Hardware authentication systems: Swekey vs Yubikey

A double authentication login system using a hardware key is the best security system for people who travel and/or use public computers at Internet caf├ęs and libraries, there is no absolute way to secure your personal data and privacy on a computer that isn’t yours, there are too many things that can wrong in a networked computer where you do not have administrator rights, outdated antivirus software, hardware keyloggers, network password sniffers, they are all dangers that could be there and you can not effectively protect against any of them.

Using a hardware token to login into websites, together with a password, even if someone steals the passcode it will be useless for them, most passwords are stolen remotely without the user knowing about it, with a hardware authentication token you are likely to notice the pass key is missing and can then revoke it.

Swekey double factor authentication system

The Swekey is an authentication hardware token in the form of a USB thumbdrive, in order to access a web application such as webmail, Internet forum or online banking you need to have Swekey plugged in first and then enter the correct password for the service, this means that if anyone manages to steal your password they will not be able to login because they will still need to have your Swekey.

The Swekey is not a regular USB key, it generates One Time Passwords, and it can’t be hacked because the private key that is used to generate the OTP scan not be read (physical protection).

Swekey is operating system and browser independent, compatible with Windows, MacOS and Linux whether you use the Internet Explorer, Firefox or Opera browsers. For other more obscure operating systems like Solaris and FreeBSD, Swekey should also work if libusb is present.

SweKey USB hardware token plugged in

SweKey USB hardware token plugged in

When you plug in the Swekey into the USB port your user name is automatically filled in and you are automatically logged out when you unplug your hardware token.

Swekey is integrated in most popular open source projects like Drupal and Joomla, well known Content Management Systems that power community websites. Internet forums powered by vBulletin, phpBB also support it, and so do open source webmail platforms like RoundCube and Squirrel.

There are specific plugins for Swekey but it can be used with any OpenID compliant web site, the main problem with hardware authentication tokens is that they need to be supported by the website you use, OpenID already has thousands of sites behind it.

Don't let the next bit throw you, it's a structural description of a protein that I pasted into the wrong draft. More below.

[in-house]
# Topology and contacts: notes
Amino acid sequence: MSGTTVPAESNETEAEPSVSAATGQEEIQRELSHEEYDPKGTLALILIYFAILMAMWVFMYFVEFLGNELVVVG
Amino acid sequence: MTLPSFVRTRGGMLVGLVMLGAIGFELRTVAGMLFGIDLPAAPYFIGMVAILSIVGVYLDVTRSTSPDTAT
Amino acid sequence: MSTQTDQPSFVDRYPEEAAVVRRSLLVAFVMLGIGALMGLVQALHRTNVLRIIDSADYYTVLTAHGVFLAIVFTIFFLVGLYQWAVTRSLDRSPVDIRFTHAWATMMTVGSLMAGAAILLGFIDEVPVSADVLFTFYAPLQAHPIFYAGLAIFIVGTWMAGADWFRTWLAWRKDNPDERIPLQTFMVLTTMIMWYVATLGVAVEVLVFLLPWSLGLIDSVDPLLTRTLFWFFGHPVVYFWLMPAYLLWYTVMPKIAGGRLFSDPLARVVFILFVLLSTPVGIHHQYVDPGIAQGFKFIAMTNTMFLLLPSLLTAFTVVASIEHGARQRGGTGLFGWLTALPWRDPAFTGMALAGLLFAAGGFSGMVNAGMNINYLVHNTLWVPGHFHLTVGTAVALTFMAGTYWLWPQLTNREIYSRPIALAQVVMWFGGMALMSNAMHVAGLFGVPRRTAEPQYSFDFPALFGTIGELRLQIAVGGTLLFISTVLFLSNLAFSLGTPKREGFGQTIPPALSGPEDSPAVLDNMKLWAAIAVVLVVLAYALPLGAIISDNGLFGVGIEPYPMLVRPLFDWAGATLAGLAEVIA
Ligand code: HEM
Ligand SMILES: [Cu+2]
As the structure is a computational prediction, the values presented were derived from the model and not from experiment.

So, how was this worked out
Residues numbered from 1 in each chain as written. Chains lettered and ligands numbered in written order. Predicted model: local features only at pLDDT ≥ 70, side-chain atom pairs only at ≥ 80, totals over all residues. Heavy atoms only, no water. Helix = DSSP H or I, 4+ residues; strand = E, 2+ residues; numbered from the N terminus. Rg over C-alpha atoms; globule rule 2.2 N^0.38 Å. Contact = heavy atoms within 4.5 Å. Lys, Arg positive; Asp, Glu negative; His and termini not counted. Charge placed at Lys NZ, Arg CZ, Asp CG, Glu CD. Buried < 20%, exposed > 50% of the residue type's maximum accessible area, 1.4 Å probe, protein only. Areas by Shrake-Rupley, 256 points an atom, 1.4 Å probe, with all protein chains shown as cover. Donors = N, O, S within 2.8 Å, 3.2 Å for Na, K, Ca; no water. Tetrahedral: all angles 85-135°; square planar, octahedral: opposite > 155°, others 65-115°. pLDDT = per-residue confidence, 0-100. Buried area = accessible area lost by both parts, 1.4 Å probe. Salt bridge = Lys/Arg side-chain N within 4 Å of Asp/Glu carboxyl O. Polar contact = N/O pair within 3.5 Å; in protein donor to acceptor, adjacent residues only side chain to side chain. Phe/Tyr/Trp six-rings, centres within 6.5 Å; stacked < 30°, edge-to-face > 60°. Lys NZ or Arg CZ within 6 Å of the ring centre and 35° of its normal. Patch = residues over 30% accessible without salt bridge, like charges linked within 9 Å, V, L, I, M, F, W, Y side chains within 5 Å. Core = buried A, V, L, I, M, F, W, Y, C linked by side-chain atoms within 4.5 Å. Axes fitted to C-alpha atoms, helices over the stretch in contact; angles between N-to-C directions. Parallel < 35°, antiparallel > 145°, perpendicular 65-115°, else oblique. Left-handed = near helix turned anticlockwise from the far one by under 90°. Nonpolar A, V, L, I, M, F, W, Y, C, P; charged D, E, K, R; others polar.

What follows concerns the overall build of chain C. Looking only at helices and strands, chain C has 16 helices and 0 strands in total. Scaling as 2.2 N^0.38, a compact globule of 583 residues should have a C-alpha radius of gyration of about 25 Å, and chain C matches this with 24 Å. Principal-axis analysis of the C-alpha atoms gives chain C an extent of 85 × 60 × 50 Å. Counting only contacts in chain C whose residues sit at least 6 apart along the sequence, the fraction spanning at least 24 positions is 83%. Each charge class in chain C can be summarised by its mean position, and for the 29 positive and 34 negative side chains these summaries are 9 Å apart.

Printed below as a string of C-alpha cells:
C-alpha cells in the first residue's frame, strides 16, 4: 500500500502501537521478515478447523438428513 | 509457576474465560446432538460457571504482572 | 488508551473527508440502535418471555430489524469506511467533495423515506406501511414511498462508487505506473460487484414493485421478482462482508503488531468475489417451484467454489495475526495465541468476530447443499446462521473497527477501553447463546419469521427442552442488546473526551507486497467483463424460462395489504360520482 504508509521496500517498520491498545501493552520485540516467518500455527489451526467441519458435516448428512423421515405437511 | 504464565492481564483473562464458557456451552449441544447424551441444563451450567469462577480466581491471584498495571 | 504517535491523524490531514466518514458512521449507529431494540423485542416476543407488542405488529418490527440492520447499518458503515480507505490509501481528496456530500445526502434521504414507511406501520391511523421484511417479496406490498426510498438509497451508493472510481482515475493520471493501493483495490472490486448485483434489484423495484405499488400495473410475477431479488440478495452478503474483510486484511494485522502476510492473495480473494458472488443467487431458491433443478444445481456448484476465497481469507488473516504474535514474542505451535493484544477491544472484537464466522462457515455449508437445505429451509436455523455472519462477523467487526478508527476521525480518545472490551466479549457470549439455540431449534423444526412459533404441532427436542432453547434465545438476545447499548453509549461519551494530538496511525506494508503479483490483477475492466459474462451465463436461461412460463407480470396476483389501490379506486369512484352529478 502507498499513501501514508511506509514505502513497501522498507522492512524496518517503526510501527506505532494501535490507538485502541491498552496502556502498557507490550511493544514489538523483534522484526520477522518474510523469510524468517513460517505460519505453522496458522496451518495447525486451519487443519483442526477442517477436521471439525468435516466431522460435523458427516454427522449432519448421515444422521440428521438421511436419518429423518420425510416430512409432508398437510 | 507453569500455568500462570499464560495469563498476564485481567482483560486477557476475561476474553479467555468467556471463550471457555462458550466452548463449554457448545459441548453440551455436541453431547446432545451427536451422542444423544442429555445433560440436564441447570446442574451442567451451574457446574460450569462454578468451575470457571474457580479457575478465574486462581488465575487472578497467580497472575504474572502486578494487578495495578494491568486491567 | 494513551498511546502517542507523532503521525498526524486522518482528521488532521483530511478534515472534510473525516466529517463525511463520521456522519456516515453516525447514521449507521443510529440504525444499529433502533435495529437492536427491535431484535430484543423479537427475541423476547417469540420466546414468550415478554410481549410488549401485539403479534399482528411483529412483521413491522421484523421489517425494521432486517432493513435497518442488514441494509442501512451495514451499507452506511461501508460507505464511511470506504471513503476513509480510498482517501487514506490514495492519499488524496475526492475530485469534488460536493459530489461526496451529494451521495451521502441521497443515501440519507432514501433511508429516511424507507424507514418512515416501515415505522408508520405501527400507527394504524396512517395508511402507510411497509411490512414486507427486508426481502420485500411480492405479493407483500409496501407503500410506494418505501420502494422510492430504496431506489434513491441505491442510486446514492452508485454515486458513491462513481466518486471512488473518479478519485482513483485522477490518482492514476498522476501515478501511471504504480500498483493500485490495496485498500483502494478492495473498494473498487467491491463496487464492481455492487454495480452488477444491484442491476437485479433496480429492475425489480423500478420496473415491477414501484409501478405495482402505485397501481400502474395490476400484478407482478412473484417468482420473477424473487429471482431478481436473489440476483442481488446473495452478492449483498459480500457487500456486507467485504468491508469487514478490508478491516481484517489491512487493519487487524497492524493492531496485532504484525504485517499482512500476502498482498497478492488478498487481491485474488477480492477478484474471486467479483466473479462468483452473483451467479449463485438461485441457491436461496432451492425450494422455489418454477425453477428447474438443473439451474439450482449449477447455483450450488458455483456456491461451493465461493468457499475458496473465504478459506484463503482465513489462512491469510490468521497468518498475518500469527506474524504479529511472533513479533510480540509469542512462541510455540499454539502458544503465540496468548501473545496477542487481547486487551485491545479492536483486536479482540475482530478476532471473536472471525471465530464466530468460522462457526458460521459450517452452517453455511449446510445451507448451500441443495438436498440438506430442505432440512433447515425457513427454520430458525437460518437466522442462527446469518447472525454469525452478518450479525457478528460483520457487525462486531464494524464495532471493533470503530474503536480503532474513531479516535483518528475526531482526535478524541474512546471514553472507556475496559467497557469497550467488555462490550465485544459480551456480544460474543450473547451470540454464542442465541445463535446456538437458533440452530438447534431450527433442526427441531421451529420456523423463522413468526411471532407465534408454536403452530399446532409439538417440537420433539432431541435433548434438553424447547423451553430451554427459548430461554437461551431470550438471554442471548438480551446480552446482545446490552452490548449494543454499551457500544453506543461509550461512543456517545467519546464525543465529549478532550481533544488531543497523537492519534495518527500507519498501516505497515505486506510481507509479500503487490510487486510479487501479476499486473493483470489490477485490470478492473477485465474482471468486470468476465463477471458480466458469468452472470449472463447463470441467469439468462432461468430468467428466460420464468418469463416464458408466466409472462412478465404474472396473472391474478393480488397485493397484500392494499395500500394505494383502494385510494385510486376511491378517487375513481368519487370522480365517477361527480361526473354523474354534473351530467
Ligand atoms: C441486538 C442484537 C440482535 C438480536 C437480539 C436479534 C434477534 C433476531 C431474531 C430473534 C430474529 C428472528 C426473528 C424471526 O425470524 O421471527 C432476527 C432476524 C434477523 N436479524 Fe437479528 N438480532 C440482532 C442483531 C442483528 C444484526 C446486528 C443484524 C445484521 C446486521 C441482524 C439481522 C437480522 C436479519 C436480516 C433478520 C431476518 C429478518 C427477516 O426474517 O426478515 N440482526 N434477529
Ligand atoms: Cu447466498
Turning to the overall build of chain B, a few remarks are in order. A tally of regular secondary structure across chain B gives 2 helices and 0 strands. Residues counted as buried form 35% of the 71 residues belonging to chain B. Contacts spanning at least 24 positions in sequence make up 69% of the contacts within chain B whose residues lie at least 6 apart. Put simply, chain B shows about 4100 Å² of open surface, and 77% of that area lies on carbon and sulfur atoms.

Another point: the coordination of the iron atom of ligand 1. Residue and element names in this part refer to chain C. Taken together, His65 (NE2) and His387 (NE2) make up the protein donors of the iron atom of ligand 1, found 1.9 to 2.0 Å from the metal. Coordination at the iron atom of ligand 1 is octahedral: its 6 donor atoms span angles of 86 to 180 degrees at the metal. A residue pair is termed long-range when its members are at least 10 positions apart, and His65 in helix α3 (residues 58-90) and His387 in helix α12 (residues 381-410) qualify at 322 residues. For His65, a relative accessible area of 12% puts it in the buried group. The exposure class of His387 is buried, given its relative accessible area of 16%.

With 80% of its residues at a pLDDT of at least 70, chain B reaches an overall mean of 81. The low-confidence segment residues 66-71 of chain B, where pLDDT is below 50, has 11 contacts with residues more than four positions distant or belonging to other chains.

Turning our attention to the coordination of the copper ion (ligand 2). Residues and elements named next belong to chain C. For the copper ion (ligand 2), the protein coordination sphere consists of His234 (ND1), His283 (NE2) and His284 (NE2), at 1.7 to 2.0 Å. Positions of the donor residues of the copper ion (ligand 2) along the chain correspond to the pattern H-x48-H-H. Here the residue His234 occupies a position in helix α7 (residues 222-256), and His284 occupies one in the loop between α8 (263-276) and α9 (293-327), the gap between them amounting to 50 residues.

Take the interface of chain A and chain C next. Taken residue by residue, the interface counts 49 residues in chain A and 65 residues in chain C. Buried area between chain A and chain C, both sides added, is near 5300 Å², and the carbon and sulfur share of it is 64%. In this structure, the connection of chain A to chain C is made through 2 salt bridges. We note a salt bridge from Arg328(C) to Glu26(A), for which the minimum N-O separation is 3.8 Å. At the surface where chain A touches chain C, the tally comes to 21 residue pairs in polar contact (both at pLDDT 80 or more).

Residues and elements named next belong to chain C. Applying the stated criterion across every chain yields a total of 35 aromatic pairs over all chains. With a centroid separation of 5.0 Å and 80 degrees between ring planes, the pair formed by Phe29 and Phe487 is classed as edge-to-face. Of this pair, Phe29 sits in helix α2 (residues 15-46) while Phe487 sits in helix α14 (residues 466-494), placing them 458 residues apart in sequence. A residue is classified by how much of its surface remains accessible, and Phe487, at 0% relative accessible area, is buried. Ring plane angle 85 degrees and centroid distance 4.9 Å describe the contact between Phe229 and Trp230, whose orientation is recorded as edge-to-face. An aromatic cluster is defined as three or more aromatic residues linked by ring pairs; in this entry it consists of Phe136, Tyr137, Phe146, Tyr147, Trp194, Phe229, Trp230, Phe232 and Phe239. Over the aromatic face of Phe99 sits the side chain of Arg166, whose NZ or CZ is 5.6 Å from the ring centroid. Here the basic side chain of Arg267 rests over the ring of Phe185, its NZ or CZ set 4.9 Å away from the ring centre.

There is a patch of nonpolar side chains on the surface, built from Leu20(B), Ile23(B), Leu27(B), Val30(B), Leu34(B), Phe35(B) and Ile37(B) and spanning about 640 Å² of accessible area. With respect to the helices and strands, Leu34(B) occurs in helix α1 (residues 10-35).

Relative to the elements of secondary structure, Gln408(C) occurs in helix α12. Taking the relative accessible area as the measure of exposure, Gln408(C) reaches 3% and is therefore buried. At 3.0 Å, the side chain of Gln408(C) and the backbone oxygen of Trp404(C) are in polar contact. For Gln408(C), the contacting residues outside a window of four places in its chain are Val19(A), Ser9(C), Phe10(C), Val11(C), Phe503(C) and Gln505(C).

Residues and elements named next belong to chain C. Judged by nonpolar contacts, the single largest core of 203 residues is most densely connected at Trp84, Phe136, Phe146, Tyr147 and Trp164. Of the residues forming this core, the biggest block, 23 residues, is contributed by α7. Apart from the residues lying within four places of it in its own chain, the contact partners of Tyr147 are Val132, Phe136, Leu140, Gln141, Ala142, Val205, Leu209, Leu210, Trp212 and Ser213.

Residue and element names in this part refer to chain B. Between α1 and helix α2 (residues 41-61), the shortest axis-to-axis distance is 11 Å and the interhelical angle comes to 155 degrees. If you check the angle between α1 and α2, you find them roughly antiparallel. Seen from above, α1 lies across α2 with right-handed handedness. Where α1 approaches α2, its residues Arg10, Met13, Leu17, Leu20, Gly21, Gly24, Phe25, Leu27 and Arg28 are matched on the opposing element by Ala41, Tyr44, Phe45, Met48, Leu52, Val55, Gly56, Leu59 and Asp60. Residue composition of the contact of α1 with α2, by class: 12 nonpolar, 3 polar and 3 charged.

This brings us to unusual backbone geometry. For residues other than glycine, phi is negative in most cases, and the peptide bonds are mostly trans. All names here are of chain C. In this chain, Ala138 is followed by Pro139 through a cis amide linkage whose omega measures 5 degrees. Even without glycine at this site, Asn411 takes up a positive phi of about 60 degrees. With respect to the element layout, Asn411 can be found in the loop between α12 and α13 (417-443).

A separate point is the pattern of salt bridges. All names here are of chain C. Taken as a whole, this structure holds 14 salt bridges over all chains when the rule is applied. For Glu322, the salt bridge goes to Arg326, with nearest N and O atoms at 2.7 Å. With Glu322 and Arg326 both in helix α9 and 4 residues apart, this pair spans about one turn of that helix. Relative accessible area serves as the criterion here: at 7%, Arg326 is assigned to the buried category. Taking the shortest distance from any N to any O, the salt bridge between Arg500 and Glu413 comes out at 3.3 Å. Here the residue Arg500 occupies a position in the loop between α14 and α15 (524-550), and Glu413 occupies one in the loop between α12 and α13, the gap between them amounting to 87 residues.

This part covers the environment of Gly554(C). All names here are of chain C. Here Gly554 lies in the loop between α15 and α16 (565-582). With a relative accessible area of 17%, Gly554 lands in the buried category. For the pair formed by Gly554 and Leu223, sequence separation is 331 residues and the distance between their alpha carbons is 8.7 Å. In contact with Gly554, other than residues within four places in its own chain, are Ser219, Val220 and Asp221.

http://www.swekey.com

Update 2015: Swekey is no longer in business, link erased.

YubiKey double factor authentication system

The YubiKey will calculate a new unique passcode each time it is used making it impossible to copy and illegitimately re-use a passcode.

To use this hardware token you just plug it into a USB port and it will act like a USB keyboard compatible with Windows, MacOS and Linux. YubiKey has one button on it, that when you press it will generate a one time 44 character password.

 

YubiKey hardware token plugged in

YubiKey hardware token plugged in

In order to log into a website you must have the physical Yubikey token plugged into your machine and press the button on it to generate a new One Time Password. The generated one time password and can’t be reused or copied and pasted, this prevents malicious hacking attacks if someone captures your login credential. This hardware authentication system can also be used at OpenID websites with YubiKey support enabled.

Why use hardware authentication security

All of these three hardware security tokens are low cost and highly secure USB authentication that I would consider buying if I had to use multiple shared computers, if you only use your home computer for Internet access, having your antivirus and firewall updated daily and configured correctly together with a good online password manager should suffice enough people.

The most paranoid can add double authentication for an extra layer of security, I can see its utility for home users too, if someone hacks your favourite website database and gets your username and password out of it they will not be able to do anything with the password without the physical hardware authentication token to login.

These hardware authentication devices all have a way to revoke the key in case you lose it, none of them uses a battery which makes them highly reliable and they all use a random One Time Password to login.

I could not see any major differences between these three hardware based authentication systems, prices and security are much the same, probably the most important deciding factor when picking one of them is to make sure that the websites you normally visit have support for the specific hardware authentication token of your liking.

One Response

  1. Babelgummer 23 December, 2010

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